When To Cut Back Butterfly Bush In Your Garden?
Butterfly Bush, is very popular in American gardens. These colorful flowering shrubs attract butterflies with their nectar. We explain how to cut the summer lilac correctly and which cutting mistakes should be avoided.
The once exotic Butterfly Bush or summer lilac (Buddleja davidii) has already conquered countless hearts of amateur gardeners. Its success is based on the abundance of flowers that attract butterflies in legions. To ensure that the shrub blooms richly every year, pruning is necessary now and then.
Although this is not necessary, it can spur flower-rotten specimens to new efforts. Butterfly bushes also grow very luxuriantly. To keep them smaller, regular pruning is therefore essential. Especially with overgrown Buddleja davidii, a rejuvenating cut can work wonders. Since butterfly bushes have a strong need to spread, it is also quite sensible to remove withered plants in time.
When is the Butterfly Bush cut?
- In late winter or early spring: Rejuvenation cut. Cut your Butterfly Bush in late winter or early spring. At this time the lilac is not in its sap and no birds or other creatures nest in the branches. Optimal is a cut in February on a frost-free day. In late winter you can also radically rejuvenate your Buddleja davidii and put it on a stick.
- You can also prune your butterfly bush in autumn after flowering. However, you should not proceed as radically as with winter pruning. You should only carry out small operations at most, for example, if the shrub needs to be shortened a little.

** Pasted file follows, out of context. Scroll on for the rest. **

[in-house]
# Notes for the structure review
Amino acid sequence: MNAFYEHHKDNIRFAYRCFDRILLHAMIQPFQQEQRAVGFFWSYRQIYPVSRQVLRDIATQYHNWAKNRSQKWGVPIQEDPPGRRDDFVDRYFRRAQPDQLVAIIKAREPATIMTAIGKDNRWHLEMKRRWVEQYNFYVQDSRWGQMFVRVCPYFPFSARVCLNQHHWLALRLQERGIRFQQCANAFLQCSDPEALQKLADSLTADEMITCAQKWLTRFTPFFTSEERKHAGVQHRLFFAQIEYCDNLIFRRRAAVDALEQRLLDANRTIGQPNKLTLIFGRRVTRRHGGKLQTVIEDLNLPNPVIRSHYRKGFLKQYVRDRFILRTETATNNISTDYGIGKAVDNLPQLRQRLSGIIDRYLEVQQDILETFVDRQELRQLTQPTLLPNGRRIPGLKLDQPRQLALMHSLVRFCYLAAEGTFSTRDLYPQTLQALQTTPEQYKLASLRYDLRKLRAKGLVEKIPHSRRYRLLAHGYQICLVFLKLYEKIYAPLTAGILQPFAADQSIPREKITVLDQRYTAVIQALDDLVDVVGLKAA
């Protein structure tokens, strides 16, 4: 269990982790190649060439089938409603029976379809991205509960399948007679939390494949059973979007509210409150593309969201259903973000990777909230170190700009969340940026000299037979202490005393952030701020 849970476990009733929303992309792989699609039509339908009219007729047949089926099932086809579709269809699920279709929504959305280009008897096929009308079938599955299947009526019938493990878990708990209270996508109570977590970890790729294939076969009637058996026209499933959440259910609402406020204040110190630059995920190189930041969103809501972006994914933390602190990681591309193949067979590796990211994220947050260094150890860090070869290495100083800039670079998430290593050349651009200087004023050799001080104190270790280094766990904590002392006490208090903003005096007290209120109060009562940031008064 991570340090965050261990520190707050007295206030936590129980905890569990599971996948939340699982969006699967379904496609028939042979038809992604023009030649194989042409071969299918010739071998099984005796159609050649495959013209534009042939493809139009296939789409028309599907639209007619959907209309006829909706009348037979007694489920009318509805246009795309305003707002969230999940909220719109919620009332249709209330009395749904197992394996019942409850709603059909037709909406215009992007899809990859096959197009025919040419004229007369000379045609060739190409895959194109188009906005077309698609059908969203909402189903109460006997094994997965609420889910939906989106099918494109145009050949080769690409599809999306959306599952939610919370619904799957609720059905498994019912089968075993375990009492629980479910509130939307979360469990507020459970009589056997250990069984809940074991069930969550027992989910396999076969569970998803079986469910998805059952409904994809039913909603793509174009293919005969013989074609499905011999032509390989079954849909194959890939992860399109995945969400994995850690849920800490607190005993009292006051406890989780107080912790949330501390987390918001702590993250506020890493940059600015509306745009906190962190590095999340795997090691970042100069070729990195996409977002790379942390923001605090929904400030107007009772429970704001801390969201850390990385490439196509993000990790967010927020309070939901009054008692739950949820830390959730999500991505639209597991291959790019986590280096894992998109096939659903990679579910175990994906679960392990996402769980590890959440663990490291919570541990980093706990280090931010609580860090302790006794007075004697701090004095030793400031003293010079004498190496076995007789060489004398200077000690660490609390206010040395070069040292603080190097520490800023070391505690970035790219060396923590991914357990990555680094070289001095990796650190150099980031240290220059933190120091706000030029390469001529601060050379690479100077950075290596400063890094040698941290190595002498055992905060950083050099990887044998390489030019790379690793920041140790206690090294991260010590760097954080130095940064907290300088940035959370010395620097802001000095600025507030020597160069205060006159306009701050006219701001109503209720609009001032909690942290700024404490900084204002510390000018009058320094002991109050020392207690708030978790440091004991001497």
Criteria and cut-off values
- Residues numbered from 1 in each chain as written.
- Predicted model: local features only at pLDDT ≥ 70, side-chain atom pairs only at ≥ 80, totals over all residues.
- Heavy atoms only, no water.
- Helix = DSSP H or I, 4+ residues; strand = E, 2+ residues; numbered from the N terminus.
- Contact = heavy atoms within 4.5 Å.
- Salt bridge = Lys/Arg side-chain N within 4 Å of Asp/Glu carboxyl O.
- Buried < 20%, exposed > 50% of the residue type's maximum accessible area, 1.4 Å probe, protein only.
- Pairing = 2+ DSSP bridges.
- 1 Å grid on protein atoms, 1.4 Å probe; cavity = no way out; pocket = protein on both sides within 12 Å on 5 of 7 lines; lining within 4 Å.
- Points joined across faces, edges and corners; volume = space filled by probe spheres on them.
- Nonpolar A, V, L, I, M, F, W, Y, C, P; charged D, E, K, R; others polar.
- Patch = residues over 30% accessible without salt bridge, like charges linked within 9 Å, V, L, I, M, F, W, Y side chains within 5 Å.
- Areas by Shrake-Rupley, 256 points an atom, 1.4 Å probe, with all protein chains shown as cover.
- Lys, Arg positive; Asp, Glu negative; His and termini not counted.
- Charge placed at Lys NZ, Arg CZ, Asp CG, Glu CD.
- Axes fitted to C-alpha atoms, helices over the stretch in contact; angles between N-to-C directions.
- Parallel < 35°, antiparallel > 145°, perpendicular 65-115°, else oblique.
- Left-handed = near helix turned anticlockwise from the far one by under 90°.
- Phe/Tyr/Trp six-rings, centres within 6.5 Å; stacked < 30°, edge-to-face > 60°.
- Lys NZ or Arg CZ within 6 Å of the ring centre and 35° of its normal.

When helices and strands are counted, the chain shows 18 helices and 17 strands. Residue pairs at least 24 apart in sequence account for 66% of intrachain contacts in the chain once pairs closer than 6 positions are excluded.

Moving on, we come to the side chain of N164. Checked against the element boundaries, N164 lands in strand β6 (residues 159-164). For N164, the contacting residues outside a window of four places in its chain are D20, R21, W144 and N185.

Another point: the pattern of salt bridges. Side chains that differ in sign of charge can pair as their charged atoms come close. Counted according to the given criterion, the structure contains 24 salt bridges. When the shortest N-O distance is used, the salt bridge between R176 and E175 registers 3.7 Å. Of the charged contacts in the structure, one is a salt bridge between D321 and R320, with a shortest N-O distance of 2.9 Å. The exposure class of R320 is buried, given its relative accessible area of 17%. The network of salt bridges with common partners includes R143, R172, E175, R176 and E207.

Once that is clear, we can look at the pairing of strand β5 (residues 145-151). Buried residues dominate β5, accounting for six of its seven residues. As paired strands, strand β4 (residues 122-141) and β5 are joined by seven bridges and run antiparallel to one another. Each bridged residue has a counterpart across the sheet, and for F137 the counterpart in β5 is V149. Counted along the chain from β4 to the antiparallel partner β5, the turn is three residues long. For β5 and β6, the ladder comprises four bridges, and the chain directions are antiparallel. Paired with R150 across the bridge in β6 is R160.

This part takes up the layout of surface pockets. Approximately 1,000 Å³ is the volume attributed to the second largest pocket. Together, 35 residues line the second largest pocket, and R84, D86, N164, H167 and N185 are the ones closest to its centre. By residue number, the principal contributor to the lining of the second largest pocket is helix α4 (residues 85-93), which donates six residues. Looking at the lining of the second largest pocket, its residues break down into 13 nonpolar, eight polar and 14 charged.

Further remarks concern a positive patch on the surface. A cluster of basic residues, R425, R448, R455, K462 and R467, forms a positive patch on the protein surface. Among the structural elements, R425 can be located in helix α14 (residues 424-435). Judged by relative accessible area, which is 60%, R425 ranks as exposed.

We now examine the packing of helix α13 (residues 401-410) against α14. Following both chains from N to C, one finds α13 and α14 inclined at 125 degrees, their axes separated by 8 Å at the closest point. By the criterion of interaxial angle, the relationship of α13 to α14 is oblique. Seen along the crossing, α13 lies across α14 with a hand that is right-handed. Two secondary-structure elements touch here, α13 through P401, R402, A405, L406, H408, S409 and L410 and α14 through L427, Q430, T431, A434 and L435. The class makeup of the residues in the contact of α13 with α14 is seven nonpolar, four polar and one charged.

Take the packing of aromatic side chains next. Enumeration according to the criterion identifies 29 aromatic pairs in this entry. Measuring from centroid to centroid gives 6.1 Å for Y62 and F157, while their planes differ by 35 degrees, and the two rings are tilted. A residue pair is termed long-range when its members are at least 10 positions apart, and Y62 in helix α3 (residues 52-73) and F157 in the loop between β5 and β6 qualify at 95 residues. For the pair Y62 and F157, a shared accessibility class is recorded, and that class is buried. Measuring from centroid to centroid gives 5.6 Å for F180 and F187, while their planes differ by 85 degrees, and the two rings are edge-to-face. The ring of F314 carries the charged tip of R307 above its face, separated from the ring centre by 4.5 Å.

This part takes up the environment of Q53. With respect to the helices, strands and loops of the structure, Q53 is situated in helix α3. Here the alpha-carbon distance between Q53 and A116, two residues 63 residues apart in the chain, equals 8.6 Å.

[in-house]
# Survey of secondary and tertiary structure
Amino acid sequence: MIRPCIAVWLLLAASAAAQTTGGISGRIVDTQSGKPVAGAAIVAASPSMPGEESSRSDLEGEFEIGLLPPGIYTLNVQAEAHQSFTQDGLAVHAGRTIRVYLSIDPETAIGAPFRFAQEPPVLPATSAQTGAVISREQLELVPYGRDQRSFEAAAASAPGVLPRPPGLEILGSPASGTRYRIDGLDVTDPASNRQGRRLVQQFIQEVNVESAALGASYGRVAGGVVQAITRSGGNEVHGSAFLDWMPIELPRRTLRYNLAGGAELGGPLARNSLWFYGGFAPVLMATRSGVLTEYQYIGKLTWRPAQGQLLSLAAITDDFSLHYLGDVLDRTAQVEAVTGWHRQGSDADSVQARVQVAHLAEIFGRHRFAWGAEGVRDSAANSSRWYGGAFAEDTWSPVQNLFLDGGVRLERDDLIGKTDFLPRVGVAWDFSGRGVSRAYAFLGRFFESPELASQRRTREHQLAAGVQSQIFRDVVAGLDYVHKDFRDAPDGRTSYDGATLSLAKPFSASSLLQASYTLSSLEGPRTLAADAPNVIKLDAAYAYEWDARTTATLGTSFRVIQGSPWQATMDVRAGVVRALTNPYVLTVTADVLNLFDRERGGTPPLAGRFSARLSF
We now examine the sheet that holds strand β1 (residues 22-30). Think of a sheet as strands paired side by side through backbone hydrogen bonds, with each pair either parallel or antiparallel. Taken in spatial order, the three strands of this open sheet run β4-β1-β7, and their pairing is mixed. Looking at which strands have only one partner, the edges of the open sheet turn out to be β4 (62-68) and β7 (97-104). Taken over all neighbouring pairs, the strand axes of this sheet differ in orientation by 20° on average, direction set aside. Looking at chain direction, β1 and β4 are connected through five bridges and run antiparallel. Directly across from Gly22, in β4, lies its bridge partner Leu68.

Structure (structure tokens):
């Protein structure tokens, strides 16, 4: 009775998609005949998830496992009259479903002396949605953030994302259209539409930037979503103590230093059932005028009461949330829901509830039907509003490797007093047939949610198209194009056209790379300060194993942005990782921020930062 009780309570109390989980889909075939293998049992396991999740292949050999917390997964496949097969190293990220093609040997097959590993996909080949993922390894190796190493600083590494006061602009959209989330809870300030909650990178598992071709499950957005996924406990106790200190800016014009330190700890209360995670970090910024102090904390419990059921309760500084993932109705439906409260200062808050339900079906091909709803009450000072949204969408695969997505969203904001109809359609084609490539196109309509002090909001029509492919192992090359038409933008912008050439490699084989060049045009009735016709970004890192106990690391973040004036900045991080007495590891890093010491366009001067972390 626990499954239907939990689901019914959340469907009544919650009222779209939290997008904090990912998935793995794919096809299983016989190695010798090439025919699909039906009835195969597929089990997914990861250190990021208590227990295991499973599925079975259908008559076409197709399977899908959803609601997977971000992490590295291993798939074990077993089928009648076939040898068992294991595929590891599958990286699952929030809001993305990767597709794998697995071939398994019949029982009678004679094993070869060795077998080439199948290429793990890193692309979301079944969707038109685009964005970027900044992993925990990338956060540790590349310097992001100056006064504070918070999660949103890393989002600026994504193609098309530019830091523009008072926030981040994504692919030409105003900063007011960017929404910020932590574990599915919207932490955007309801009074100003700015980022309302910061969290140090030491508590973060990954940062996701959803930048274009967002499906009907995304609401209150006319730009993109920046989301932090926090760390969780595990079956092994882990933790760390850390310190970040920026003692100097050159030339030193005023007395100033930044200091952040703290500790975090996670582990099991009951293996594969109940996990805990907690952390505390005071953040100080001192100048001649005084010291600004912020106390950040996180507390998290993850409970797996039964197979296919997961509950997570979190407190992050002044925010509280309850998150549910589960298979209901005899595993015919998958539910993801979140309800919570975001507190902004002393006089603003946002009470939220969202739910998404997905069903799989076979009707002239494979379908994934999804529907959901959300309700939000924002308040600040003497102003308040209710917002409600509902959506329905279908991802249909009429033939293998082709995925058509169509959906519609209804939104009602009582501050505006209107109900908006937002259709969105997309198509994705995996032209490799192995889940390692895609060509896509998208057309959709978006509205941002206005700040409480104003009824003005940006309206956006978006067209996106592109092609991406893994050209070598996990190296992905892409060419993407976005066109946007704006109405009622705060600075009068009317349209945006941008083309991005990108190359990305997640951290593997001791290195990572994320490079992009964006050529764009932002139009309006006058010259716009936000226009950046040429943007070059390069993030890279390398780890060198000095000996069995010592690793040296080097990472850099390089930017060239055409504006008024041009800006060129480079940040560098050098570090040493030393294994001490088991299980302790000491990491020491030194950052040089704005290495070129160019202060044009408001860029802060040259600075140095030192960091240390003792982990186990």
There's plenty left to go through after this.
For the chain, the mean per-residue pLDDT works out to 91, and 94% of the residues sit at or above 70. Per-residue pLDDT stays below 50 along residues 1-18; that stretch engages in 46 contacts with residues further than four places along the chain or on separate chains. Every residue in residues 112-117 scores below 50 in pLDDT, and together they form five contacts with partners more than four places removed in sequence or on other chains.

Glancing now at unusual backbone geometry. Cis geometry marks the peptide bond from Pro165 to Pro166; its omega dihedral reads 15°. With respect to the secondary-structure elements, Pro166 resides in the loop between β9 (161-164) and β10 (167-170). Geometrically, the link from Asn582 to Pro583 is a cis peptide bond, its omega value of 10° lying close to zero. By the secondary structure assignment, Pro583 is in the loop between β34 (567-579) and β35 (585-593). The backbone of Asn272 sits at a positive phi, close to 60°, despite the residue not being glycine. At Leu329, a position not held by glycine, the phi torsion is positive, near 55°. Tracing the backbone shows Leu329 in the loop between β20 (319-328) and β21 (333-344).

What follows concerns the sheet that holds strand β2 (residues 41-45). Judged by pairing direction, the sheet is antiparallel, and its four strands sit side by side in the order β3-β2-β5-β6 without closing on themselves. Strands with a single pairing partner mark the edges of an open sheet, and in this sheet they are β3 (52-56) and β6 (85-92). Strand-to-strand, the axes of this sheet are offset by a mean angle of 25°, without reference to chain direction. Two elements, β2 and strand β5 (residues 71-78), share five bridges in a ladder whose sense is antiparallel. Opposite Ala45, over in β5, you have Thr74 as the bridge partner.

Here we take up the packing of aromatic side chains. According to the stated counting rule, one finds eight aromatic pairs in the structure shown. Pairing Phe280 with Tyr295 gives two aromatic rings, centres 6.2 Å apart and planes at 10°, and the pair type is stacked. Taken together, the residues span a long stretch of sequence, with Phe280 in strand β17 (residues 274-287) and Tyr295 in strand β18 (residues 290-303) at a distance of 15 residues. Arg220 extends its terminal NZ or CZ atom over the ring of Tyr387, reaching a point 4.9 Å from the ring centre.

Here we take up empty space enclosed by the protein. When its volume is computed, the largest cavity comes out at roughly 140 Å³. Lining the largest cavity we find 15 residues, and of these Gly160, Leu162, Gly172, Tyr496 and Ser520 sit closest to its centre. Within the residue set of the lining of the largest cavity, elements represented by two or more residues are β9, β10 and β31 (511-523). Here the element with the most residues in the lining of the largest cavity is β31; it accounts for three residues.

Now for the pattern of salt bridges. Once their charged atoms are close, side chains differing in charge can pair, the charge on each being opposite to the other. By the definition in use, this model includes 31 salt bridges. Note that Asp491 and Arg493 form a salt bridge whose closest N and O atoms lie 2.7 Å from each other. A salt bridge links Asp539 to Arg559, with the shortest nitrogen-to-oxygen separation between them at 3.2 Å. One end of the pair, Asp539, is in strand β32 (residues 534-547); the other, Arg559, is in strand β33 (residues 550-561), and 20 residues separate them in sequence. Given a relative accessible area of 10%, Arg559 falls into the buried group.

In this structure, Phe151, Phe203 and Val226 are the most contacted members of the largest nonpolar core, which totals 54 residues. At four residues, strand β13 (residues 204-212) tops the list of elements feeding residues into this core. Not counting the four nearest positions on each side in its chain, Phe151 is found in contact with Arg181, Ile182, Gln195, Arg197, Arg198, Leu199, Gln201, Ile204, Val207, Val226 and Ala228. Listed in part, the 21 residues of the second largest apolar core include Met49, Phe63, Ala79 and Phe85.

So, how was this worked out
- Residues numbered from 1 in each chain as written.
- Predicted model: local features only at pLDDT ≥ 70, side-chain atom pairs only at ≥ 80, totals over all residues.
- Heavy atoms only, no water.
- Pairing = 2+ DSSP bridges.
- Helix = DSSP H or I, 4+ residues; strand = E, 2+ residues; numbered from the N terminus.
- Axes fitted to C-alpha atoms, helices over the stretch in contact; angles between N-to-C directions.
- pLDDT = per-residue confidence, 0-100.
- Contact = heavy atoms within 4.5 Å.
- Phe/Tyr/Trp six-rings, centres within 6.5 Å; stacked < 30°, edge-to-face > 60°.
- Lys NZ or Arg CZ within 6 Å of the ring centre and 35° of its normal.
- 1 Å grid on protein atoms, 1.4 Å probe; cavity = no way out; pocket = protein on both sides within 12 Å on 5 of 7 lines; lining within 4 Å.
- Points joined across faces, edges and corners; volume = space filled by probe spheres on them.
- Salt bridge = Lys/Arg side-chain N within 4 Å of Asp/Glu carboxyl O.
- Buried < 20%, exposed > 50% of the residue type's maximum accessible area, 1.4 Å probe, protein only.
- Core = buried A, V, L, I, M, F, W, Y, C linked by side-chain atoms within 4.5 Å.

- It is important to remove wilted flowers in late summer and autumn. The flowering time of the plant is between July and September. Butterfly bushes produce huge amounts of seeds – if you fail to cut off the withered flowers, you will soon have lilac everywhere.
Instructions For Cutting The Butterfly Bush Correctly
Butterfly bushes are very fast-growing and extremely tolerant of cutting. So there is not much you can do wrong with pruning. Even if you want to take a more radical approach, you do not have to give up the flowers that year. These only appear on the annual shoots anyway, which only develops after cutting.
- Rejuvenation: Butterfly Bush can be radically cut back without hesitation – even annually. Leave about the last 20 to 30 centimeters of the plant and always cut just above a bud or leaf axils. Always use sharp and clean tools to prevent pathogens from entering the plant and allow the wounds to heal quickly. To prevent the water from standing on the edge of the cut, always cut at an oblique angle.
- Cut off wilted flowers: Once the flowers have faded, it is worth removing the inflorescences before seeds are formed. Otherwise, the butterfly shrub may spread rapidly in the garden and around it. The young seedlings are also quickly removed, but you can save yourself this work. Simply cut back the wilted inflorescences to the next leaf axils. If you have removed the withered flowers in time, you can put them in the compost without worrying. However, if you already have seedlings, you should better choose household waste for disposal.
The butterfly bush or Buddleja davidii is considered invasive in Europe because of its ambitious spreading tendency. The exotic plant does not adhere to garden fences, but invades the landscape and displaces native species. However, the shrub should not be condemned anyway.
The name “butterfly bush” was given to the plant because it is a valuable food plant for butterflies and bumblebees due to its long flowering period and abundance of flowers. Butterfly bushes therefore definitely have an added value for the insects.
Nevertheless, it is advisable to prevent uncontrolled spread, for example by cutting off the wilted flowers. Although there are also sterile varieties, these are also worthless for insects.